MovingEdgesDetector(QString name);
                void iterate();

The constructor of that class must create the dynamic properties of the block object. These properties must at least store the input and the output data of the block. The constructor will create two input properties that will store the input edge and movement response images respectively: Edge response image and Movement response image. Also the constructor will create one output property in the block object to store the output moving borders image response, named Moving borders image:

MovingEdgesDetector::MovingEdgesDetector(QString name): QVProcessingBlock(name)
        addProperty< QVImage<uChar,1> >("Edge response image", inputFlag);
        addProperty< QVImage<uChar,1> >("Movement response image", inputFlag);
        addProperty< QVImage<uChar,1> >("Moving borders image", outputFlag);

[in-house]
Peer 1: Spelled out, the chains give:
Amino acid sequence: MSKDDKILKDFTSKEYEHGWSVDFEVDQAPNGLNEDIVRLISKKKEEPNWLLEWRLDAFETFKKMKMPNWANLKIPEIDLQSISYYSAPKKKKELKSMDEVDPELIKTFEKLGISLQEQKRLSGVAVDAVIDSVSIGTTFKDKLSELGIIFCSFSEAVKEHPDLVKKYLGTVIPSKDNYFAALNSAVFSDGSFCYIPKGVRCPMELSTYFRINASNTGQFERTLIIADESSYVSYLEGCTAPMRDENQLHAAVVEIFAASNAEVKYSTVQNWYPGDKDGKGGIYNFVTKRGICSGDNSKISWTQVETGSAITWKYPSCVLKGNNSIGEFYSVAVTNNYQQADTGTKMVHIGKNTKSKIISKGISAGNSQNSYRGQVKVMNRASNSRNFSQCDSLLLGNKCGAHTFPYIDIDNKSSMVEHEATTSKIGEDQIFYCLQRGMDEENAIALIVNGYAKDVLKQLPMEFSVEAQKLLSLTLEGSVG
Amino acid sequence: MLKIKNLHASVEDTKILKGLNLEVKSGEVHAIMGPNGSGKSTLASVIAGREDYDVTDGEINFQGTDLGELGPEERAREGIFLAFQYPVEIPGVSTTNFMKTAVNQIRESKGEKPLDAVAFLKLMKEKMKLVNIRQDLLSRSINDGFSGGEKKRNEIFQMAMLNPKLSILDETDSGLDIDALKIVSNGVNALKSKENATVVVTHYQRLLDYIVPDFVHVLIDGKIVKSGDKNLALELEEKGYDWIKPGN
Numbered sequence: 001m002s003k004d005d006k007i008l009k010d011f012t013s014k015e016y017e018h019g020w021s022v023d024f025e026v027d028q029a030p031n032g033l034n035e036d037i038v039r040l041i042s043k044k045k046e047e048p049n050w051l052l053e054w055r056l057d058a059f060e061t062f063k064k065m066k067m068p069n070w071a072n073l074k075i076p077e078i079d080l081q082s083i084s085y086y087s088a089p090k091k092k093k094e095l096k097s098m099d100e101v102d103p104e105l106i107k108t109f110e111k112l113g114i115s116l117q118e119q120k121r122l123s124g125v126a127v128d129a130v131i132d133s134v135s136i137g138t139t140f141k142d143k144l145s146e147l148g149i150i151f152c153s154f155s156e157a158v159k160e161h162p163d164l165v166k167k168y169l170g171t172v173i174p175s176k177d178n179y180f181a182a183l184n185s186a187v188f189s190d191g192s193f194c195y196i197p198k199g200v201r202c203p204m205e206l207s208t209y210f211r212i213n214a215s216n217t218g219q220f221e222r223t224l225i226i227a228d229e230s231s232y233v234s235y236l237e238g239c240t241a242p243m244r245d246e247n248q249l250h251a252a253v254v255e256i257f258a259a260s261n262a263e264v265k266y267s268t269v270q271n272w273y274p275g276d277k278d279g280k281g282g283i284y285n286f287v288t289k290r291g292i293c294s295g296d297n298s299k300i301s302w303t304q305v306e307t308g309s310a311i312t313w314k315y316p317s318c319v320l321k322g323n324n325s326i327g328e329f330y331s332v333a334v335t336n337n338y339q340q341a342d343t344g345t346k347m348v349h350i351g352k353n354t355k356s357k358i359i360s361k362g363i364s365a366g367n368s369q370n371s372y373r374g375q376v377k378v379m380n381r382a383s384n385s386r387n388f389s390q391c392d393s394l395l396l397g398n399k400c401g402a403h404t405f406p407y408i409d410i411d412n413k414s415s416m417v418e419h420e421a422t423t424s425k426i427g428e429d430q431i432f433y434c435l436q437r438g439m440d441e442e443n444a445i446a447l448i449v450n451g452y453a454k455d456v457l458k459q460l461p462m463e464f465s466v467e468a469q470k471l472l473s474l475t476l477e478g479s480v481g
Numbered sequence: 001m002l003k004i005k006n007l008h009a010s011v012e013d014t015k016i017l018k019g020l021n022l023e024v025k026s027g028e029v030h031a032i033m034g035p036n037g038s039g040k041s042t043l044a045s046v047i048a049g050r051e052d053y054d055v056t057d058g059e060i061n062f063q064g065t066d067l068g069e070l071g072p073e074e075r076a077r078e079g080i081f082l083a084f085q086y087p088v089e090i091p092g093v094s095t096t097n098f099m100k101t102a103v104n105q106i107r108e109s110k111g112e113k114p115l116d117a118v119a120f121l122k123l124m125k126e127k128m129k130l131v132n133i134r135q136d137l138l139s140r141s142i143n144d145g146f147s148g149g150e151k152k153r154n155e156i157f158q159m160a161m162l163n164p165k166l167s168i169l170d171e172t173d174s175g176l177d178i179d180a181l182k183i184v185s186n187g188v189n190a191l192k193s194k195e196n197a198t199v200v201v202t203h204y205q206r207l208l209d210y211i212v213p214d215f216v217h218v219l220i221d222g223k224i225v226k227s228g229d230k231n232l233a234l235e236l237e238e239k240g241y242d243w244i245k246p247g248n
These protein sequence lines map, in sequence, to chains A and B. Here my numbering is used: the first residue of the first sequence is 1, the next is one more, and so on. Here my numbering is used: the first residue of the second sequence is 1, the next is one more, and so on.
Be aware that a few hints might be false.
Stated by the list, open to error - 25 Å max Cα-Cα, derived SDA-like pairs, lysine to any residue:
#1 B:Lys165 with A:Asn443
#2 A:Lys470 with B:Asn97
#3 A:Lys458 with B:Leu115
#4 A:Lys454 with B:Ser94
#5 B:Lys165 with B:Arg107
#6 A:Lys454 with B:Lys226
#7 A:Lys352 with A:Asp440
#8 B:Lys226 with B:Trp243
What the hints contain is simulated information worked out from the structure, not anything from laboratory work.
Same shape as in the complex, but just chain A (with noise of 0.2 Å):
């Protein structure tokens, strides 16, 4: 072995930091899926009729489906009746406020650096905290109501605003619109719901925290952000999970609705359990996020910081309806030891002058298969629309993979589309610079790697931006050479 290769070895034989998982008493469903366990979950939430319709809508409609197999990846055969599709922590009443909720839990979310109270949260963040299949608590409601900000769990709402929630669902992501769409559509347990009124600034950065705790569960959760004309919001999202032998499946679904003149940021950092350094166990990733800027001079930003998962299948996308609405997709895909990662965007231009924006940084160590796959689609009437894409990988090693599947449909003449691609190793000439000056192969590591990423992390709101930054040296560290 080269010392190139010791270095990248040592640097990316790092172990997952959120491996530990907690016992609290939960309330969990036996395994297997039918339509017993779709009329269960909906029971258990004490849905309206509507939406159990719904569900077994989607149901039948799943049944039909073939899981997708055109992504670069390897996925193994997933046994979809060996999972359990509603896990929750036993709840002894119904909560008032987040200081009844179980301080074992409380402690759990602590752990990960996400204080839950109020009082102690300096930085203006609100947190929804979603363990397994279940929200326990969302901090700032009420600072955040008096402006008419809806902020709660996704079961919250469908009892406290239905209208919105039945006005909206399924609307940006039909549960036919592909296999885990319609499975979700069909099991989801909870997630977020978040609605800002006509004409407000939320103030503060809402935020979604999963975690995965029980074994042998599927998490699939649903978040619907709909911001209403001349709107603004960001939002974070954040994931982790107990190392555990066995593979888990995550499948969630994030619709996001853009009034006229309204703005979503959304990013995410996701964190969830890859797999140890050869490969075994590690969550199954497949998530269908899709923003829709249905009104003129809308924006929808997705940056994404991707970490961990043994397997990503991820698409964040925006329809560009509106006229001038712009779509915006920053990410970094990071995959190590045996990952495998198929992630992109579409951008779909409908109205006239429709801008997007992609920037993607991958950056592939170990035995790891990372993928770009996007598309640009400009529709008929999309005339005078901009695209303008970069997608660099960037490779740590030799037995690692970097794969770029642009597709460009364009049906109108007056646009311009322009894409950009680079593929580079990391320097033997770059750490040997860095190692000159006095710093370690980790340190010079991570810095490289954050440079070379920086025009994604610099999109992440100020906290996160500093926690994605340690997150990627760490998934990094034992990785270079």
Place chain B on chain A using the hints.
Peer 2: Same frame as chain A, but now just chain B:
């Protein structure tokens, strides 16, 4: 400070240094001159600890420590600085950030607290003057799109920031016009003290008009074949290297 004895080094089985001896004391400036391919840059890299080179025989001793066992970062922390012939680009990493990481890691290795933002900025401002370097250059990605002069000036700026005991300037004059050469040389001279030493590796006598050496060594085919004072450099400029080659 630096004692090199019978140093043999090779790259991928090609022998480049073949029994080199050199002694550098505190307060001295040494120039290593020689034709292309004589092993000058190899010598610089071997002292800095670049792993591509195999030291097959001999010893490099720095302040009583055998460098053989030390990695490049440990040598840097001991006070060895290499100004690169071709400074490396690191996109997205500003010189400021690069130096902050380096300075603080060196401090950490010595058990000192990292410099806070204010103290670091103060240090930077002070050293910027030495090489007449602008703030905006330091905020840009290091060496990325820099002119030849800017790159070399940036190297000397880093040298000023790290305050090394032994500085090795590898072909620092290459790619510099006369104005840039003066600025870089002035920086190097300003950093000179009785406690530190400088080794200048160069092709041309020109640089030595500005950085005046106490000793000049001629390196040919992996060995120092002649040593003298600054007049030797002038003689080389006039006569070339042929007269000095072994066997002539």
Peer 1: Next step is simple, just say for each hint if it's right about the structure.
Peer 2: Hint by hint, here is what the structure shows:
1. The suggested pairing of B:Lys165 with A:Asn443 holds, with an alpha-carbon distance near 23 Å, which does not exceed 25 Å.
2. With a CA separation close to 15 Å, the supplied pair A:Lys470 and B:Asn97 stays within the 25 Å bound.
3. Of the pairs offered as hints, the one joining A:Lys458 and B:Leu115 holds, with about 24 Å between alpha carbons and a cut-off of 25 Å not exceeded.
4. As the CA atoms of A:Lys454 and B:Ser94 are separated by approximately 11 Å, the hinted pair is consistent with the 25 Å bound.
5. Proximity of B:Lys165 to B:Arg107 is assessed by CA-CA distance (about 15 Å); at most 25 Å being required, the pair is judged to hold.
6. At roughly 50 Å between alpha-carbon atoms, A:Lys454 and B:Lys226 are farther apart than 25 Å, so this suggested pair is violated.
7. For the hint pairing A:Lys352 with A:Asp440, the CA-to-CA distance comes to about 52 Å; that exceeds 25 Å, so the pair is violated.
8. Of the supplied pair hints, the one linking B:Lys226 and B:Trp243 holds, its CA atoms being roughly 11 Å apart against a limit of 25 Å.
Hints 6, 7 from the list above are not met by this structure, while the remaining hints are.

This will be the the iterate method of the class:

void MovingEdgesDetector::iterate()
        // 1. Read the input values and algorithm parameters
        const QVImage<uChar,1>  movementResponseImage = getPropertyValue< QVImage<uChar,1> >("Movement response image"),
                                edgeResponseImage = getPropertyValue< QVImage<uChar,1> >("Edge response image");
        const double minimalPixelPercentage = 0.5;

        // 2. process the input values with the input parameter values.

        // 2.1. Obtain the list of moving edges as a polyline list.
        // 2.1.1. Get the list of edges from the edge response image, as a list of polylines: